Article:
A customer journey map can help you better understand and analyze your customer’s experience by outlining touchpoints and outcomes throughout the buyer journey. According to CMO magazine, organizations that track their buyer journeys experience a 50% increase in marketing ROI. In this blog, we will teach you how to think through creating a customer journey map for your B2B applications. Let’s get started.
The first step in any customer journey mapping (B2B or B2C) exercise is to define your buyer personas. HubSpot defines a buyer persona as "a semi-fictional representation of your ideal customer based on market research and real data about your existing customers."1 Creating your buyer personas helps you better understand who your customers and prospects are and what’s important to them.
Most manufacturers typically define 3-5 different buyer personas that span roles across all levels of the organization. This nuance is perhaps one of the largest differences between customer journey mapping for B2B manufacturers vs. B2C companies. In the B2B realm, there are often many stakeholders involved in the purchase versus one consumer. Spending ample time in this stage and identifying where each persona is in the decision-making process, what impact they have on decision-makers, and the value of your product to their role is critical to effectively map their journey.
Robust buyer personas often encapsulate the following details about this semi-fictional character:
Don’t know where to start? Take your top 10-15 accounts and identify your main point of contact. Then define the characteristics above. Where you see overlap or similarities is where you start to identify your personas.
Well-funded marketers might choose to commission a survey or study in order to better understand their buyer personas. If this doesn’t apply to you, doing an analysis of your top accounts is a great low-budget option.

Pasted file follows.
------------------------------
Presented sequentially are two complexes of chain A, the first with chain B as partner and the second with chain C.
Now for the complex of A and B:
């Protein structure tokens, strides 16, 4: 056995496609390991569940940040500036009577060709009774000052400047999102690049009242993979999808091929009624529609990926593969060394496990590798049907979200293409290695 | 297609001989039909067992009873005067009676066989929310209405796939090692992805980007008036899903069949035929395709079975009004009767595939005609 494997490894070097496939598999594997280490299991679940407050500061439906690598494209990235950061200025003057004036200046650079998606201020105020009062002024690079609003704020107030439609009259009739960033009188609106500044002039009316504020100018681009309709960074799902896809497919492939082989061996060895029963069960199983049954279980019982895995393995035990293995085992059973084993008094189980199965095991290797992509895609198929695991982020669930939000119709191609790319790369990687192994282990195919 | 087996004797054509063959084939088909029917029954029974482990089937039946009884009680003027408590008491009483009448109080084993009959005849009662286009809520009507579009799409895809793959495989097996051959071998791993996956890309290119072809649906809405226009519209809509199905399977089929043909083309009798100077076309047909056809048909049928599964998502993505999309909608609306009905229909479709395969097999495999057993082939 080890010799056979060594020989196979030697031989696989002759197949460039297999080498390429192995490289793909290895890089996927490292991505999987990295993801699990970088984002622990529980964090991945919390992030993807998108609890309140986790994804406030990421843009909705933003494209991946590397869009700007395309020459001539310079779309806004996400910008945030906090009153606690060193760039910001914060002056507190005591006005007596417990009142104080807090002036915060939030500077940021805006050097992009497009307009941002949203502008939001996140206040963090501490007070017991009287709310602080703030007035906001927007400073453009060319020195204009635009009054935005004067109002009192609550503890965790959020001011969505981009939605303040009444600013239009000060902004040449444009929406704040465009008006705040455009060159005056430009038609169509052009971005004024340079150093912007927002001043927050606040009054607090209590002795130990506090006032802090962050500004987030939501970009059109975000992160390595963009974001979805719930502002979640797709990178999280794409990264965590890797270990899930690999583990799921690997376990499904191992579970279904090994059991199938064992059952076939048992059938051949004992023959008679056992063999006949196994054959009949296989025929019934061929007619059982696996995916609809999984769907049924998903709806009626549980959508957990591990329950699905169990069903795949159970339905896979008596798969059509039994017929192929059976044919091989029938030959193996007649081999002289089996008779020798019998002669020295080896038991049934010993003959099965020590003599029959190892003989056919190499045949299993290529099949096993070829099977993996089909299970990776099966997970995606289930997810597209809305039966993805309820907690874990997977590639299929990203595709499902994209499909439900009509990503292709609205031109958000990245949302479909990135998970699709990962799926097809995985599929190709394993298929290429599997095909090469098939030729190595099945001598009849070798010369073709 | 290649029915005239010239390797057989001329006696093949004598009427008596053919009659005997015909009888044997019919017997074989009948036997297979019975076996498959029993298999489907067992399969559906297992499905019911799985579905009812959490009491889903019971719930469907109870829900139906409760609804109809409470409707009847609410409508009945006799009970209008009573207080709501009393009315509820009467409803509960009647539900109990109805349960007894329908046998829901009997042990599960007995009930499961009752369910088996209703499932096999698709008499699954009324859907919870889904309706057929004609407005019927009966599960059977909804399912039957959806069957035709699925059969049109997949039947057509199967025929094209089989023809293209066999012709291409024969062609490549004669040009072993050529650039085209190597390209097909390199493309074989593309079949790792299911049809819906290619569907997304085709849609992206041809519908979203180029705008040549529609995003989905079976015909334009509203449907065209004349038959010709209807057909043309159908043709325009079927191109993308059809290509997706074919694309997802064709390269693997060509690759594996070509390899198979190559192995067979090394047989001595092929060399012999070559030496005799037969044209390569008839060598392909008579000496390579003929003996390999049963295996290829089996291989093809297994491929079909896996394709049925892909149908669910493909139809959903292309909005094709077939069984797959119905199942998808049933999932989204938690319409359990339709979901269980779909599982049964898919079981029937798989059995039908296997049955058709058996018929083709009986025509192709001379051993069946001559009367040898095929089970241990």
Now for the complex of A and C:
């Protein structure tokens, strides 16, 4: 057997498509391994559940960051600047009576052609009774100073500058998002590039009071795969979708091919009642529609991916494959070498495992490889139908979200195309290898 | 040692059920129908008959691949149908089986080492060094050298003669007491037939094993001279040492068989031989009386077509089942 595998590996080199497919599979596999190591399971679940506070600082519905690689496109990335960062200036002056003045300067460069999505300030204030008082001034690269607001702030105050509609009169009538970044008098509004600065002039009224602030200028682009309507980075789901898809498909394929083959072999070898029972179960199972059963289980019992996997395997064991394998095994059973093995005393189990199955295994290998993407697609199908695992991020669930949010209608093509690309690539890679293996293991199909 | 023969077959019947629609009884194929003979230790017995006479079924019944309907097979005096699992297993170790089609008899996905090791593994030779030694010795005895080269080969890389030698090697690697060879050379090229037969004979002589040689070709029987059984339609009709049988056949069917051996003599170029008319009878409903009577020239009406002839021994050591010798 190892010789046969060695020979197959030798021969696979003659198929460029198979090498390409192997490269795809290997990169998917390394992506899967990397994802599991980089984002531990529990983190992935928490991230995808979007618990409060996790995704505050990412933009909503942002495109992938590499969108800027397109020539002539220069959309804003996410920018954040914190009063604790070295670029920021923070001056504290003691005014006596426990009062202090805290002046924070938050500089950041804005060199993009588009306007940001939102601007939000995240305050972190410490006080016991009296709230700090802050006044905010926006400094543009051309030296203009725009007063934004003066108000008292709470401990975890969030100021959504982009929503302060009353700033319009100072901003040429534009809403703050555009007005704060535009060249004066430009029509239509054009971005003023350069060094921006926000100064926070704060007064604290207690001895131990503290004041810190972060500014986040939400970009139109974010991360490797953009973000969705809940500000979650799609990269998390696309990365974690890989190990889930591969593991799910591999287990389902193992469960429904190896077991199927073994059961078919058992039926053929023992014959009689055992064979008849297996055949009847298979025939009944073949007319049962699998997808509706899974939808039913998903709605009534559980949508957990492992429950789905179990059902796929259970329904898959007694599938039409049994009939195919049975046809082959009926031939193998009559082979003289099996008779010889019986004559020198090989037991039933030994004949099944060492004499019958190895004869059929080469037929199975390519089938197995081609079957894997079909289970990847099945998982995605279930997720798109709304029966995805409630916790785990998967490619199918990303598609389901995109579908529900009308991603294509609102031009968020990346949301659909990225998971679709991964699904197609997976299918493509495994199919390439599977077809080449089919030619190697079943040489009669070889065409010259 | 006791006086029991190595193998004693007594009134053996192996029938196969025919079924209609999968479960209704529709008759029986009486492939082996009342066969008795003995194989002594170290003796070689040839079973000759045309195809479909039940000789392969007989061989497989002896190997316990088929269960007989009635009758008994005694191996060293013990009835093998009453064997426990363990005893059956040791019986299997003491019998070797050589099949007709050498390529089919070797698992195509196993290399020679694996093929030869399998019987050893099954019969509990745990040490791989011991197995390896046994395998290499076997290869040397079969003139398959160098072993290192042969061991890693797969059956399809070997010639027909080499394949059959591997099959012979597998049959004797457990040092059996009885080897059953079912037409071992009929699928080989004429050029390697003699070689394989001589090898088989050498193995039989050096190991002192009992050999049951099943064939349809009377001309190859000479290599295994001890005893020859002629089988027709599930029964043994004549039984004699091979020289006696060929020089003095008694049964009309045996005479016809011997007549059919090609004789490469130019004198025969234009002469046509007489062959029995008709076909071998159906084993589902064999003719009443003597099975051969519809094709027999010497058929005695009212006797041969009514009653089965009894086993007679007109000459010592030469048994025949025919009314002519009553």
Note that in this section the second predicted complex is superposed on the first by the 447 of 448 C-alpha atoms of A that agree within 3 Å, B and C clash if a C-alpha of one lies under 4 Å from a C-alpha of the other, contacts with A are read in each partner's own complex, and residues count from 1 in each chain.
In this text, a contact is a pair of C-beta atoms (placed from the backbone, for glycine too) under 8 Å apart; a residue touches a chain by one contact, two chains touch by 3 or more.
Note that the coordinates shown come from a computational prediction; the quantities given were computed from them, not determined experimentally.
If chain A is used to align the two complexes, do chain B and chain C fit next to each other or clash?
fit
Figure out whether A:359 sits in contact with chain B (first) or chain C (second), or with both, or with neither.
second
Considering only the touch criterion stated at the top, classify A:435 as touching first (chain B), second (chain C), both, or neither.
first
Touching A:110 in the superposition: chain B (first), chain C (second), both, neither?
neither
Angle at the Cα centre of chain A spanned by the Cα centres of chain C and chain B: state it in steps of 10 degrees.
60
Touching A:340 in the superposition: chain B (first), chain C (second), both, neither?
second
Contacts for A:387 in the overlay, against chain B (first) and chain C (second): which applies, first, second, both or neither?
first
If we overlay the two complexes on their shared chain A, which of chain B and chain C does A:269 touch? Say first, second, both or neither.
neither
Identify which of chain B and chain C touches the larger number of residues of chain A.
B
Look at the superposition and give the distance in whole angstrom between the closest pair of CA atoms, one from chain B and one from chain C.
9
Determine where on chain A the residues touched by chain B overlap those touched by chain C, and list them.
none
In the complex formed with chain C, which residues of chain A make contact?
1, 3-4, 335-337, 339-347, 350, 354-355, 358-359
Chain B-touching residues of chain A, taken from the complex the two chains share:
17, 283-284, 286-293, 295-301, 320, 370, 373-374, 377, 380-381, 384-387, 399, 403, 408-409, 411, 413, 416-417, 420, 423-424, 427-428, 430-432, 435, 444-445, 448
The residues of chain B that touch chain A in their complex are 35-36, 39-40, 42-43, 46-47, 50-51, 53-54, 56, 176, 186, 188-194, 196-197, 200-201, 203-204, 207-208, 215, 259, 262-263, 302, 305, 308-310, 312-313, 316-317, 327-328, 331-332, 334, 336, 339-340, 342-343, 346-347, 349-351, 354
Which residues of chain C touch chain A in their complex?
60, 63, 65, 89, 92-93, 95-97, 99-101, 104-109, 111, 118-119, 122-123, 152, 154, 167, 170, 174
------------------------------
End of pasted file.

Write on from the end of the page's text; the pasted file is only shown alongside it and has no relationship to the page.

Now that you’ve identified your buyer personas, it’s time to outline the stages your personas go through from initial research to sale. Remember - you may have different stakeholders at different stages of the buyer journey. Make sure to account for when prospects bring in partners from other departments of executive teams to progress towards closing the sale.
To help you get started, here are a few stages that are typically used to represent a customer’s forward progression in the buyer journey:
While it’s great to use the stages above as a starting point, it’s important that you customize them to reflect your specific touchpoints, personas, and sales cycle.
Whether they’re talking to a sales representative via live chat, looking at a product on your website, attending an in-person event, or opening an email newsletter, every time your customers interact with your brand is a touchpoint. Customer journey mapping for B2B companies starts when you dive into the mind of all of your personas and understand what their experience was like when they were engaging with those touchpoints. For example:
Asking these tough questions and mapping out the potential different scenarios will help you identify opportunities to improve your customer’s experience by better understanding what information they need from you at different stages in the buying journey.
For example, once you know the stage-level barriers, create content or a specific experience to overcome those perceptions and send to prospects when they arrive at each stage.
Once you understand your personas, buyer stages and touchpoints (and all the intricacies), the next step is to visualize your customer journey map. You can use a customer journey mapping software, excel, or even a white board. The way you choose to visualize your customer journey map is completely up to you.
See below for an example of a visualized customer journey map:
Once you’ve mapped the personas, how they engage with your company during the buyer's journey, and what they need to move through the different stages, you are empowered to create customer-centric content and messaging that address their specific needs and educates prospects at each stage.
For example, if you’re looking to sell state-of-the-art industrial machinery, your primary persona might be the plant manager (or whatever role would be using the machinery on a daily basis). However, that plant manager might need to pitch the idea to higher-ups, such as the CFO, to obtain budgetary approval. Therefore, a piece of content that provides the plant manager with information they need to build a business case for the equipment to a CFO would be extremely valuable. A piece of content that explains how upgrading to the latest equipment has a significant ROI and dramatically improves a company’s productivity (and in turn, profitability) targeted towards the CFO would further support your marketing efforts.
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